SEC rules stipulate that sub-accounting fees cannot go toward finance distribution. These fees should only go toward record-keeping and shareholder services. However, there is an issue with mutual fund-maintained omnibus accounts in which all the fees can be placed together. In such instances, payments made to brokers for selling certain funds may get buried in these administrative fees.

Now, the Commission wants fund directors to watch out for fees that intermediaries selling the funds are getting for account services. It wants these directors to establish processes to assess whether a sub-accounting fee is being harnessed to increase sales. It also is calling on fund service providers and advisers to explain distribution and servicing specifics to fund directors.
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Whitebox Advisors says it intends to liquidate its mutual funds next month following a slew of redemptions and losses this year. A spokesperson for the investment firm said that with so many people asking for their money back, the concentration risks to investors had become too high.
The three mutual funds that are closing are:

· Whitebox Tactical Opportunities Fund, which oversees $112.8M
· Whitebox Market Neutral Equity Fund, which oversees $40.25M
· Whitebox Tactical Advantage Fund, which oversees 20.3M
The news comes just weeks after Third Avenue Management shook up the equity and credit markets when it announced that it was liquidating its Focused Credit Fund (TFCVX), which is a $788.5M corporate debt mutual fund, but that distributions to investors would be delayed so as to prevent even bigger losses. Stone Lion Capital Partners has also suspended redemptions in its $400M of credit hedge funds following many redemption requests.
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Barclays Capital Gets FINRA Fine for Unsuitable Mutual Fund Transactions

The Financial Industry Regulatory Authority said that Barclays Capital, Inc. (BARC) must pay over $10M in restitution plus interest to customers that were impacted by violations related to unsuitable mutual fund transactions. The self-regulatory organization said that the firm did not give certain customers the breakpoint discounts that applied. Aside from the restitution, Barclays must pay a $3.75M fine.

According to the SRO, from 1/10 through 6/15, the firm’s supervisory systems were not adequate enough to make sure that unsuitable transactions didn’t happen or that the firm’s duties related to mutual fund sales to retail brokerage clients were met. FINRA said that Barclays supervisory procedures wrongly defined a mutual fund switch as warranting three transactions within a specific period of frame. Because of this erroneous definition, the firm did not act on thousands of automated alerts warning of transactions that might be unsuitable, failed to include certain transactions for suitability review, and neglected to make sure that customesr got disclosure letters about transaction costs. Over 6,100 unsuitable mutual fund switches occurred, causing r about $8.63M in customer harm.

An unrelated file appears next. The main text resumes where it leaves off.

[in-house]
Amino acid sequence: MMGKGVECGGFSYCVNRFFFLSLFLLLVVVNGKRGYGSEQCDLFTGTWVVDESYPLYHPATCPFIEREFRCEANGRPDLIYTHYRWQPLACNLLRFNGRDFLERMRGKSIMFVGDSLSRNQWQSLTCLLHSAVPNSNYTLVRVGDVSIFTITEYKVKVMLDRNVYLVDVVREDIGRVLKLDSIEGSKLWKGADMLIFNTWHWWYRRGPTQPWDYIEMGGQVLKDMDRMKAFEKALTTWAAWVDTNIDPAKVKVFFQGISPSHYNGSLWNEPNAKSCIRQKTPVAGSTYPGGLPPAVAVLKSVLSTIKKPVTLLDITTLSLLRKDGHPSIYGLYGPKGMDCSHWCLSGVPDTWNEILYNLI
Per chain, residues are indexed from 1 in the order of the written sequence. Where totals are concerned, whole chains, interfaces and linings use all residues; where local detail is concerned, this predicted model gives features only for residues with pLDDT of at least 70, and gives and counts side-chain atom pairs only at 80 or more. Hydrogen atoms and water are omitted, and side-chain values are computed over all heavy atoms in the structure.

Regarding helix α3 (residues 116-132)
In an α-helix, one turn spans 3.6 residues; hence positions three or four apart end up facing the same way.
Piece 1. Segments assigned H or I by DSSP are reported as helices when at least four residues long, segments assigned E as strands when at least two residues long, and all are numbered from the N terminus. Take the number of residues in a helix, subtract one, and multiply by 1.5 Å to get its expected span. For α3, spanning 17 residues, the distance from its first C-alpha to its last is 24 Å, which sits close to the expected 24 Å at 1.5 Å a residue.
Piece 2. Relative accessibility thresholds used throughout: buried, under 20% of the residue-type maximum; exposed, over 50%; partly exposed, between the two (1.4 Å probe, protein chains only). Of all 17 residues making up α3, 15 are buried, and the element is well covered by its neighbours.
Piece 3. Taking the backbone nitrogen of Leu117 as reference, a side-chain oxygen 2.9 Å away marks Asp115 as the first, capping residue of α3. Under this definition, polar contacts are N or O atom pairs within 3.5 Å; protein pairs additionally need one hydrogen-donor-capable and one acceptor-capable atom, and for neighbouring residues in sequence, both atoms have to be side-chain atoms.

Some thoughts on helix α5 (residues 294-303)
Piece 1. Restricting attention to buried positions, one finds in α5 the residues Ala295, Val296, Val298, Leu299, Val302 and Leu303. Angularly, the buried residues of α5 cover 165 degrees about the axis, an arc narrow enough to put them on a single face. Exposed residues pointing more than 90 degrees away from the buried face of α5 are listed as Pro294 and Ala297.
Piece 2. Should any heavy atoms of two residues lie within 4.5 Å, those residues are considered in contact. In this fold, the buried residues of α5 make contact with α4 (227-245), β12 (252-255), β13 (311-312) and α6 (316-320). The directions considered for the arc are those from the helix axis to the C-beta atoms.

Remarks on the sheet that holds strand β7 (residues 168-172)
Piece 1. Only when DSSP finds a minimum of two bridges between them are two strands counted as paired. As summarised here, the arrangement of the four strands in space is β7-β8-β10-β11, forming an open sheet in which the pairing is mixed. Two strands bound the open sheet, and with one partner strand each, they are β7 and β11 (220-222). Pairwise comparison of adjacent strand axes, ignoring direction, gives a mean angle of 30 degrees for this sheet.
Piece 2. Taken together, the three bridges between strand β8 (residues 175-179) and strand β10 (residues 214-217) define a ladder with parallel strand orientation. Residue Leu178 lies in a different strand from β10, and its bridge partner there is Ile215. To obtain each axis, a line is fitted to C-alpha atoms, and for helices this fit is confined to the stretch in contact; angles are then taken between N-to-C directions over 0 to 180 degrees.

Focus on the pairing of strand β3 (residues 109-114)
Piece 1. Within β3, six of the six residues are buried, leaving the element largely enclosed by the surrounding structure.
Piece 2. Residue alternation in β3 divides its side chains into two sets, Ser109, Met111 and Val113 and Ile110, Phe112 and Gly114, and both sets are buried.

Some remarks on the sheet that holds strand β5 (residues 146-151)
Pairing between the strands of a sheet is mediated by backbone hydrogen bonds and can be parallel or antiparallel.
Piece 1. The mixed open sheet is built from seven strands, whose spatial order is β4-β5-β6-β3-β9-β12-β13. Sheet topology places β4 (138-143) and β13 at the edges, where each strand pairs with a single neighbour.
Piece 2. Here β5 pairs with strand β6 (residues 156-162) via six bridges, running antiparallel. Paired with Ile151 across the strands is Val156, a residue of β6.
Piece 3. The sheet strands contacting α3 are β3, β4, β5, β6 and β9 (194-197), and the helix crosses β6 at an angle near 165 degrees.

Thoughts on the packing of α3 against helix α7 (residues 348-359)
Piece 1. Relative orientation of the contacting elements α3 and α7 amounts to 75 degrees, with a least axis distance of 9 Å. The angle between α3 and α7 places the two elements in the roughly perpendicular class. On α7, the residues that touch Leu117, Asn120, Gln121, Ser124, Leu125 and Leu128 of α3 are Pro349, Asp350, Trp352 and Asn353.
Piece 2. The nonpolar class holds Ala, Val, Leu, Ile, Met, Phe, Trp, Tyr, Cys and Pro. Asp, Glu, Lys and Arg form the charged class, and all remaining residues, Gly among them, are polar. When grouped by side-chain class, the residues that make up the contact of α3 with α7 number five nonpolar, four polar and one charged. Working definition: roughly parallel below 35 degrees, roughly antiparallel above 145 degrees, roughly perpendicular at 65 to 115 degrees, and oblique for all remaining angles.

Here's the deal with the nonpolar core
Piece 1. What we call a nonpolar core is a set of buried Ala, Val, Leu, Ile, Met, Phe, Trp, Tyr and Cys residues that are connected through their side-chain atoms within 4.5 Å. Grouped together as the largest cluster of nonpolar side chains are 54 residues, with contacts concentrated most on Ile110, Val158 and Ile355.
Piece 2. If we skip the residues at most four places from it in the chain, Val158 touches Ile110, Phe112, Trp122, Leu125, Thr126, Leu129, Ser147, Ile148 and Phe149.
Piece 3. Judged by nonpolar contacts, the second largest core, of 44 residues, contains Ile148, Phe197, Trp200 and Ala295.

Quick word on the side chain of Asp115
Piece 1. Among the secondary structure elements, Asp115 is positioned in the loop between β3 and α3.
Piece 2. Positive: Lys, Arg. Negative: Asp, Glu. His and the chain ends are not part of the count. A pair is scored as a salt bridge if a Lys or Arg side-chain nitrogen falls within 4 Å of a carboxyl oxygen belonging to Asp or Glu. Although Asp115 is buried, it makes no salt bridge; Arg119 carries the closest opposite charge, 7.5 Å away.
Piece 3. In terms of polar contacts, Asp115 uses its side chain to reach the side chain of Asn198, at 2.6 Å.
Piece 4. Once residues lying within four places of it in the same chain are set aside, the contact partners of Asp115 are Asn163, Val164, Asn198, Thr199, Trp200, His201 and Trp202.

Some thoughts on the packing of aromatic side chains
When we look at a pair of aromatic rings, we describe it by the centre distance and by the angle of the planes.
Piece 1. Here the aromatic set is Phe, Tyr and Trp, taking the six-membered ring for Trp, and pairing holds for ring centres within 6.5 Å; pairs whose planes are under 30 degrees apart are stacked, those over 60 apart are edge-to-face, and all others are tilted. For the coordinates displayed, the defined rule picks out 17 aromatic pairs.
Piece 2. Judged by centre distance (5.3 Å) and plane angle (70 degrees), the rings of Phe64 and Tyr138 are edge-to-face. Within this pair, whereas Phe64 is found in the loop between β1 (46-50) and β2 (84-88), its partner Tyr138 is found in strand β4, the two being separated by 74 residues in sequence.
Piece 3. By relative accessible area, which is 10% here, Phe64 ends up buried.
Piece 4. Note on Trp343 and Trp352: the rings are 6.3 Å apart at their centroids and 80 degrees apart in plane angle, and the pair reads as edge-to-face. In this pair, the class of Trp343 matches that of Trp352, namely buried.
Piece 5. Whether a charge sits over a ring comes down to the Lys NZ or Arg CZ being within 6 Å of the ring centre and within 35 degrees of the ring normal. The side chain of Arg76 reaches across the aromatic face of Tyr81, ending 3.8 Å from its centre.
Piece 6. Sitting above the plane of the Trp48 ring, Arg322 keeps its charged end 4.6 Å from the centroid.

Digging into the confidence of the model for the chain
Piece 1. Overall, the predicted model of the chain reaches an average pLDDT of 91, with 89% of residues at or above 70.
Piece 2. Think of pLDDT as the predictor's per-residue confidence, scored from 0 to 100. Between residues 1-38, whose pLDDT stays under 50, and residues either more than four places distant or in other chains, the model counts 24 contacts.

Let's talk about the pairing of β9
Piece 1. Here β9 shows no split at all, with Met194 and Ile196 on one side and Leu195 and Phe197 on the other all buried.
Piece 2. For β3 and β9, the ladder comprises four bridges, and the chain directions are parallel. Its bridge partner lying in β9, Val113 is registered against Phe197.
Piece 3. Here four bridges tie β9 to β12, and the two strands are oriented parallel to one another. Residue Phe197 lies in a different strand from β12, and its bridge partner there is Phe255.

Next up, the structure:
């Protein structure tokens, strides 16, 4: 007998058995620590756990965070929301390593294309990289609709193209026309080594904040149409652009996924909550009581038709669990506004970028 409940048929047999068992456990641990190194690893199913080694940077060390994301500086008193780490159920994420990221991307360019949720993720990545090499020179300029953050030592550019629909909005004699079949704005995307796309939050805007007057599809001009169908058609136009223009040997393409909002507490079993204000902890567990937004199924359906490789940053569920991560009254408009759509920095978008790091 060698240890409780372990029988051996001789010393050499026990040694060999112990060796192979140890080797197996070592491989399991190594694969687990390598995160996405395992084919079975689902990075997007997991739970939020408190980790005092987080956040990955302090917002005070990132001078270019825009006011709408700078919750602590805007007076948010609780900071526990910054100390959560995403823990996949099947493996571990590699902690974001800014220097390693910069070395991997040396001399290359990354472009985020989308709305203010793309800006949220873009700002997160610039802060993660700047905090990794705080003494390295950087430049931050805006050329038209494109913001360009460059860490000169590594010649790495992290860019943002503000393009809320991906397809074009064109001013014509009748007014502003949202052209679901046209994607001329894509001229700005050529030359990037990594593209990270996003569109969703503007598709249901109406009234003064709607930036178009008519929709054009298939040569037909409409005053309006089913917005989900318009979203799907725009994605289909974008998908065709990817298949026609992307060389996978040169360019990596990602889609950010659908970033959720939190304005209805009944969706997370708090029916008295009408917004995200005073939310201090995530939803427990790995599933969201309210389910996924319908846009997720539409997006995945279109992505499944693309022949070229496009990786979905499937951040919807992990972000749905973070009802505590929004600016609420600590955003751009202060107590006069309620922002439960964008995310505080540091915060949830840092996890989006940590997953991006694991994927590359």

FINRA said that the Barclays did not give its supervisors enough guidance so that they could make sure that brokerage customers were engaging in mutual fund transactions that were suitable for their investment goals, holdings, and ability to tolerate risks. The SRO, which evaluated activities over a six-month period of time, said that 39% of mutual fund transactions were found unsuitable and customers suffered financial harm, including realized losses, of over $800K.

Also, during these five years, the firm’s supervisory system did not succeed in making sure that purchases were properly aggregated so eligible customers could get breakpoint discounts, including those involved in 100 Class A share mutual fund transactions.

By settling, Barclays is not denying or admitting to FINRA’s charges. It is, however, consenting to the entry of findings.
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The Securities and Exchange Commission is looking into whether Franklin Templeton, Oppenheimer Funds (OPY), J.P. Morgan Chase & Co. (JPM), and other mutual fund managers are charging investors for fund fees that have not been fully disclosed. While money managers are allowed to use some of investors’ money to pay compensation to the brokers who sell a fund’s shares, as well as for certain marketing purposes, the regulator wants to know whether firms are exceeding the allowed limits.

The Commission is trying to find out whether mutual fund companies have come up with ways to make extra payments to brokers by using investor assets to cover certain services, such as the consolidation of client trading records. The agency is worried that proper disclosure of these added fees are not being made to investors. The SEC is also wondering if brokers are more inclined to recommend funds that provide such additional payments, compelling them to prioritize profit over funds.